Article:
“Well, I did, and rumor around this town has it the only one to have beaten Tanner is Jessica's own pit bull.”
“I don't understand. If you want Harvey on this, then why keep the suit from Jessica?”
“Because Tanner somehow found out about Emmeline and now he is subpoenaing her as a character witness against her father.”
She made a face. “He knows Courtenay has an impeccable record and enough connections to get even US congressmen and senators testify on his behalf. What better way to impugn his credibility than get his daughter to say on the stand that he is a scumbag?”
A muscles jumped in his jaw at her words. She took a careful sip of her drink.
“That's the least Emmeline could do and we both know it.” They shared a look of mutual understanding, before he went on. “Rolland is not just a client. He is also a friend. We have let him down once and I don't want to see it happening again. Make sure his daughter doesn't get anywhere near a deposition, then get Specter on this and make the whole thing go away.” He indicated the file between them. “The faster the better.”
“Edward, getting Harvey on this might not be the best idea. I know you beat him once, but he is really good.”
“So I have noticed.”
“No, you don't understand. If he gets so much as a whiff that we are hiding something, he will dig until he gets to the bottom of it.”
Darby signaled the waiter over and asked for another drink. “That's why I want you with him on this. To keep him from digging anywhere we don't want him to.”
Her lips formed a tight line, before opening for speech again. “I don 't like what you are implying, Edward.”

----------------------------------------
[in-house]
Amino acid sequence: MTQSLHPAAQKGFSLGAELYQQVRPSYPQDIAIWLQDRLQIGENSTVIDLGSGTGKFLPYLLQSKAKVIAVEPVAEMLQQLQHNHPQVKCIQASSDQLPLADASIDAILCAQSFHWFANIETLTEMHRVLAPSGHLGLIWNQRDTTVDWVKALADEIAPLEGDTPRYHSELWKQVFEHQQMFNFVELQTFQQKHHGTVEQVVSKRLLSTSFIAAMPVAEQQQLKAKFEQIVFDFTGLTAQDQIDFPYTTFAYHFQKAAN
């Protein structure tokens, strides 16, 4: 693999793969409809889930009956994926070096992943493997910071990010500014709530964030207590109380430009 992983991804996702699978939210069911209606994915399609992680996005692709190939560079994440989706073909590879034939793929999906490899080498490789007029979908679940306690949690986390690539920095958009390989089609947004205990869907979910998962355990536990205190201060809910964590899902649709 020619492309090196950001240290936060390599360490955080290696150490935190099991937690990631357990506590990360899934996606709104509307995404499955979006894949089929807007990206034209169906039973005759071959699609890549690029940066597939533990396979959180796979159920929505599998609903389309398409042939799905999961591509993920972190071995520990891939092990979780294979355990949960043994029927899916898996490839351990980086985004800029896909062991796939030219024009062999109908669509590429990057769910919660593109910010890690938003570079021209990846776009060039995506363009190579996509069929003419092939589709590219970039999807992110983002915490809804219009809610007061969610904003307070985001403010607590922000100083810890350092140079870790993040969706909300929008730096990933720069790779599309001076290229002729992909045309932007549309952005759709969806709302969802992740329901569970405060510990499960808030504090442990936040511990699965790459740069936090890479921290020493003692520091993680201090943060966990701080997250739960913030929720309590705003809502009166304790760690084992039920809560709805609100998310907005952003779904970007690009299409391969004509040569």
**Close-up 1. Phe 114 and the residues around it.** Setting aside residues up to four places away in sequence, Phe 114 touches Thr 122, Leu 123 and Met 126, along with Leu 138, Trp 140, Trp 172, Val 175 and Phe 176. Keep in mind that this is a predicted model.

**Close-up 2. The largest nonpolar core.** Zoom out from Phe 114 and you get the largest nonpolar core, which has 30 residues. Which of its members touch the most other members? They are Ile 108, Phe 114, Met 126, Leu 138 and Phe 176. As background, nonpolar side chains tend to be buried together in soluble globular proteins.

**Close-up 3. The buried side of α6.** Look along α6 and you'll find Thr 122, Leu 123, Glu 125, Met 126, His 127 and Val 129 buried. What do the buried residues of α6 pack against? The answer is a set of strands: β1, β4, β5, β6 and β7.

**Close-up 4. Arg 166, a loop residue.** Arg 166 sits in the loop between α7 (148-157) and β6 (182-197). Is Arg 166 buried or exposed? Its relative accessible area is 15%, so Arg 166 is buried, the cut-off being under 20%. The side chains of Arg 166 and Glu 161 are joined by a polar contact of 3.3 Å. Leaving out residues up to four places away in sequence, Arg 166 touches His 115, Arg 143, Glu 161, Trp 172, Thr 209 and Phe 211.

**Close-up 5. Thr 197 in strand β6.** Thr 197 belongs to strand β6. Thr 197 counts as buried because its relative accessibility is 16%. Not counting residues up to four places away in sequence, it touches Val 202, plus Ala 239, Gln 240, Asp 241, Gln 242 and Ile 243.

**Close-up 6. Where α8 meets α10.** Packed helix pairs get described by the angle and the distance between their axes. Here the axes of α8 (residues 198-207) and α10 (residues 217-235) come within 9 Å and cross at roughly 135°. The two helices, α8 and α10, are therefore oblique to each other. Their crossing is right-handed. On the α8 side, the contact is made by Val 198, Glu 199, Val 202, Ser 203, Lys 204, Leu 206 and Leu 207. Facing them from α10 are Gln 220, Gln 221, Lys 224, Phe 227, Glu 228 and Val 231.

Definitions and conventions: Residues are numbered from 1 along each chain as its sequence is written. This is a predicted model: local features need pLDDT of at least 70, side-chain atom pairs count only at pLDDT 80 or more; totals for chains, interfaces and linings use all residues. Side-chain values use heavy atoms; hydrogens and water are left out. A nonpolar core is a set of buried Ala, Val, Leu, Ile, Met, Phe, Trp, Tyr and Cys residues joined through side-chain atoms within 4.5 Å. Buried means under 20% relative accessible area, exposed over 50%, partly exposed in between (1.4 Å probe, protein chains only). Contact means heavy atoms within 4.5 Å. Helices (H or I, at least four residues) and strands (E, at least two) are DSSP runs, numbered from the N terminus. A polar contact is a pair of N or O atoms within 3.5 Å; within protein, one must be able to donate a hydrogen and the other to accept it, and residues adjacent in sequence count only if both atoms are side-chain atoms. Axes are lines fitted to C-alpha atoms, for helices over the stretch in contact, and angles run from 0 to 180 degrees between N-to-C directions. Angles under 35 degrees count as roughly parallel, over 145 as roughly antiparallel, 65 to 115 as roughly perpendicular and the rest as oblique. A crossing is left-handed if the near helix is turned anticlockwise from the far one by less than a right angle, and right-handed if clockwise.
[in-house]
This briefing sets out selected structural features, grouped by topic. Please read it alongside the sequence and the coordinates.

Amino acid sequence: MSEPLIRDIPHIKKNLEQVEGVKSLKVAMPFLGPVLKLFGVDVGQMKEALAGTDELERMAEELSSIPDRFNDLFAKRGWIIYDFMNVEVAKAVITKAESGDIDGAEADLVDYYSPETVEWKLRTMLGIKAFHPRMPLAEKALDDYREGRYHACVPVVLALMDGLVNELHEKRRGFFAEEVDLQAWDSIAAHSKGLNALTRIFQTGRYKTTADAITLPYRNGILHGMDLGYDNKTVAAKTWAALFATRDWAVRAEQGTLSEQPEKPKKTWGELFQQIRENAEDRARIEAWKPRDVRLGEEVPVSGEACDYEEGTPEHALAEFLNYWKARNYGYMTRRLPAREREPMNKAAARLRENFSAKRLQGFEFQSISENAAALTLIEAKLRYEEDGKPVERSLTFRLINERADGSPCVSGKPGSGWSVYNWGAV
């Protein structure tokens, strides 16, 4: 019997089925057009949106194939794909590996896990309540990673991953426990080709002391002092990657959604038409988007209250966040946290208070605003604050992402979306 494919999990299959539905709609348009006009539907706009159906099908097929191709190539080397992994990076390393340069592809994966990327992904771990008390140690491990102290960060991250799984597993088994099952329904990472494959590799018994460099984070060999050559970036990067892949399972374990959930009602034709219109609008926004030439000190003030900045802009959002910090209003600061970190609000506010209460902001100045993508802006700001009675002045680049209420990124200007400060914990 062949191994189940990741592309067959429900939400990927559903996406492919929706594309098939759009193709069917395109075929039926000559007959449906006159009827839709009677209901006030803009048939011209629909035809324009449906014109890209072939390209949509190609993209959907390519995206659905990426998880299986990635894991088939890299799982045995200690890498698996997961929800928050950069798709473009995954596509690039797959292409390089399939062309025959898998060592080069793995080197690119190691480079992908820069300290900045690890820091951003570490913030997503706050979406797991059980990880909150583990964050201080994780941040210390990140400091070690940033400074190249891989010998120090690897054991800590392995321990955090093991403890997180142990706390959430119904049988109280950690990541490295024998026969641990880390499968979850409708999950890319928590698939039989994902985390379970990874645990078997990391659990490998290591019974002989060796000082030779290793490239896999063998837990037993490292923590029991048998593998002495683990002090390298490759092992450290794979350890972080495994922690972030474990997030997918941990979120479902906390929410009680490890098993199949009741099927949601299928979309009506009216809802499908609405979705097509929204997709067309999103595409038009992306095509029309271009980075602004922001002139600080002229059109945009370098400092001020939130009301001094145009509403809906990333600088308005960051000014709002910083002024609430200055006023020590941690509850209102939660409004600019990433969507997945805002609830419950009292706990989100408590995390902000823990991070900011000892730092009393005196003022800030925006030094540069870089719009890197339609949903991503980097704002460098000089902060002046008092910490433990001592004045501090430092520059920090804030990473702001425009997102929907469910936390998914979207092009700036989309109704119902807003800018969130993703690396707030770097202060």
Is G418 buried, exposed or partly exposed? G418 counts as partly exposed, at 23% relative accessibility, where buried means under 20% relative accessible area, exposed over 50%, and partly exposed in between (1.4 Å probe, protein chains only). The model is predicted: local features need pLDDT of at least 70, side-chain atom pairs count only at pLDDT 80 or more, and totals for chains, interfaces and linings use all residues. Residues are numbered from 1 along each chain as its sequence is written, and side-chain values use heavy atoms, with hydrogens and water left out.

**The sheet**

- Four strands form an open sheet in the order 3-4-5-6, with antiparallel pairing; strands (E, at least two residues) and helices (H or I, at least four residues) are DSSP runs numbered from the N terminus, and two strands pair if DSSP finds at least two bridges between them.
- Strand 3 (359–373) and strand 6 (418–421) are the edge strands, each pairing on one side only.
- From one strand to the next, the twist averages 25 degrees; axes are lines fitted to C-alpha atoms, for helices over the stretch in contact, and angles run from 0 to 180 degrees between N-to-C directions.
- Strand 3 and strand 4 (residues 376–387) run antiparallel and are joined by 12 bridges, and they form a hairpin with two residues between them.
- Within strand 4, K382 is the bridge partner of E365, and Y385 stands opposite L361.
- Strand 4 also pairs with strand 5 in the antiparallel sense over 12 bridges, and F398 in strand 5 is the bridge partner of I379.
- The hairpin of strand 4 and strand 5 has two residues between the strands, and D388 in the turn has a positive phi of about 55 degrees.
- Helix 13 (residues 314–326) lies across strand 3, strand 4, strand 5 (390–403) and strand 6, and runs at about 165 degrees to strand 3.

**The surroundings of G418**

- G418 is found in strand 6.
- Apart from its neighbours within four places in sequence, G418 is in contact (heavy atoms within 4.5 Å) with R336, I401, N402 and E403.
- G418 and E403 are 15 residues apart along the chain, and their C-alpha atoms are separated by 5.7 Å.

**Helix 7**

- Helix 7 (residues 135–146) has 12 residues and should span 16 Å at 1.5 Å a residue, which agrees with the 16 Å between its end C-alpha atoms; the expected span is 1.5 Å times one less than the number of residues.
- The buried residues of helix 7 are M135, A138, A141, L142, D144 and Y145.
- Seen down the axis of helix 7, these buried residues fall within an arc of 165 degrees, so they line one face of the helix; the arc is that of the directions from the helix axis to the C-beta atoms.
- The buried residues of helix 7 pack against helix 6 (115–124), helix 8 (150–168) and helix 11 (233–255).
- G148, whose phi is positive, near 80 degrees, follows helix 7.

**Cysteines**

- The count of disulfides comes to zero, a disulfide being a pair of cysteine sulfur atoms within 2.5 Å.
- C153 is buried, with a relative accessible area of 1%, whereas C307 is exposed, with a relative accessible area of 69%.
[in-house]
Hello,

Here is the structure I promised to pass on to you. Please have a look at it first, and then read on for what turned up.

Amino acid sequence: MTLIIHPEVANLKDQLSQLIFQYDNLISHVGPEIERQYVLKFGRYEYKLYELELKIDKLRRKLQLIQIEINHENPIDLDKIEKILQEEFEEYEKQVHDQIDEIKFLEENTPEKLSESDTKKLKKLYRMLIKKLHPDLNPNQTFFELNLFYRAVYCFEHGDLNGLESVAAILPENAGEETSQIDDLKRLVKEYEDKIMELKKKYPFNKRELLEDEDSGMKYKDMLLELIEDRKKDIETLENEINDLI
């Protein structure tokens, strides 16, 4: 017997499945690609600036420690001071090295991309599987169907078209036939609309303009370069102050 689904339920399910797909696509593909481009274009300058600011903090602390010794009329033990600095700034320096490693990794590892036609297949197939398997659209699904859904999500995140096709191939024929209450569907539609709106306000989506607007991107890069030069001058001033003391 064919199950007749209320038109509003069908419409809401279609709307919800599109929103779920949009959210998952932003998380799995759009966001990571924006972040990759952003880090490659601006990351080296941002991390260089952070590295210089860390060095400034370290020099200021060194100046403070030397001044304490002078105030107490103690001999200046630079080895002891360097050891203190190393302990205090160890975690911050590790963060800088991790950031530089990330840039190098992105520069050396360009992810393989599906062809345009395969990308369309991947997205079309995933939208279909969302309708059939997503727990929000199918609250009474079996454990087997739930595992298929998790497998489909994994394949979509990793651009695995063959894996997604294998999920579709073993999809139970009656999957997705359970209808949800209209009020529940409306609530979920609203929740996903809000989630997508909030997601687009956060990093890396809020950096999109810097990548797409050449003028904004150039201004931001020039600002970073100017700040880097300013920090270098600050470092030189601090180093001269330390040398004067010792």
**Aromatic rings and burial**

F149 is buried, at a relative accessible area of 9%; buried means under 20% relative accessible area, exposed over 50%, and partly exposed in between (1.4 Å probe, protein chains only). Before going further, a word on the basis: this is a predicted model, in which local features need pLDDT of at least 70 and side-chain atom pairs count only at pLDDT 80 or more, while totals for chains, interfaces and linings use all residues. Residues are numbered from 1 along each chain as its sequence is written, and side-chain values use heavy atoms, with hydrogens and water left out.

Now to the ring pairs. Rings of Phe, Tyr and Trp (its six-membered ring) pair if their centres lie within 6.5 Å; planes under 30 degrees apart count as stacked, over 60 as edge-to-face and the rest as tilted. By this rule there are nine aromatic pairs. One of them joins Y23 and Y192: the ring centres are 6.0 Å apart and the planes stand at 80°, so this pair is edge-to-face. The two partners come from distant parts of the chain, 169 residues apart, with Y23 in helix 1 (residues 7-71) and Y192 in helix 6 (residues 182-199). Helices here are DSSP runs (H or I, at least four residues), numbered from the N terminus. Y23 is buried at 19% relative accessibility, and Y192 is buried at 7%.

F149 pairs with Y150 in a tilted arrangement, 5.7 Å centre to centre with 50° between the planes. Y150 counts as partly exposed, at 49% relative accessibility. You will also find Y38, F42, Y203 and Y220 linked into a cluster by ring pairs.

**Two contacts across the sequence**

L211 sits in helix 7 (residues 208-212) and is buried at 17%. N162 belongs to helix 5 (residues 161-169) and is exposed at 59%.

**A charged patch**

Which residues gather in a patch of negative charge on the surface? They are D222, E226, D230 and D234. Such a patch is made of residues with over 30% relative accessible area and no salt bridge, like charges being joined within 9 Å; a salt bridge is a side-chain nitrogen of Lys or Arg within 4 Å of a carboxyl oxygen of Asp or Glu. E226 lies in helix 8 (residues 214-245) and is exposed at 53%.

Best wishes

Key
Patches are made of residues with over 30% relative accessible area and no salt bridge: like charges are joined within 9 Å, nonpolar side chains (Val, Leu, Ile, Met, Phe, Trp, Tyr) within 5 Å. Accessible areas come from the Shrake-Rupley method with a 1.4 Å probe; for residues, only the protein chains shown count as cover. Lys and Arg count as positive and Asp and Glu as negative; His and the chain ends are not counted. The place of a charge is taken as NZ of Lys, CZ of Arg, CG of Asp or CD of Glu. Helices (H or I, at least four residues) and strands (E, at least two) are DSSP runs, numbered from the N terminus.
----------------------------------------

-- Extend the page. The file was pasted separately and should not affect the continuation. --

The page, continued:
“I am not implying anything, Dana. And I don't care less who you are sleeping with. If I did, you wouldn't still be working for me.”
Something flitted briefly across her face, before she could hide it. He leaned back in his chair, his satisfaction at having that particular ascendant over her plain and obvious. Her expression tightened further.
“I get it,” she said at last. “What happened in Rome stays there.”
He smiled genially. “I am glad you agree.”
She reached for the file on the table, as she got to her feet. “Now, if you'll excuse me, I have to book a flight to Italy.”
“That won't be necessary. She is now in New York.”
Dana slid back down with a slight grimace. “This isn't good, Edward. If she were on another continent, we still stood a good chance to keep her from Harvey. But she is right here,” she uttered forcefully, placing an additional emphasis on the verb. “In his town.”
He seemed non-surplussed. “I never took you for one to back down from a challenge. But now I recall he didn't only beat Tanner. He also beat you.”
Anger rose in her narrowing eyes. “Let's not get overconfident here, Edward. Jessica might have helped, but you played the main part in keeping Harvey's name from a certain door on Lexington Avenue. If he discovers this, nothing and I do mean nothing in this world will stop him from using it to bury both you and what used to be your firm.”
Her words did not seem to bother him in the least. “There is nothing more dangerous than a wounded beast,” he said as if to himself with a slight smile. “It is a good thing, though, that this time you stand more to lose than I do by leaking information to him.”
She grabbed her drink with a less than steady hand. “We need to get Emmeline Courtenay out of this city.”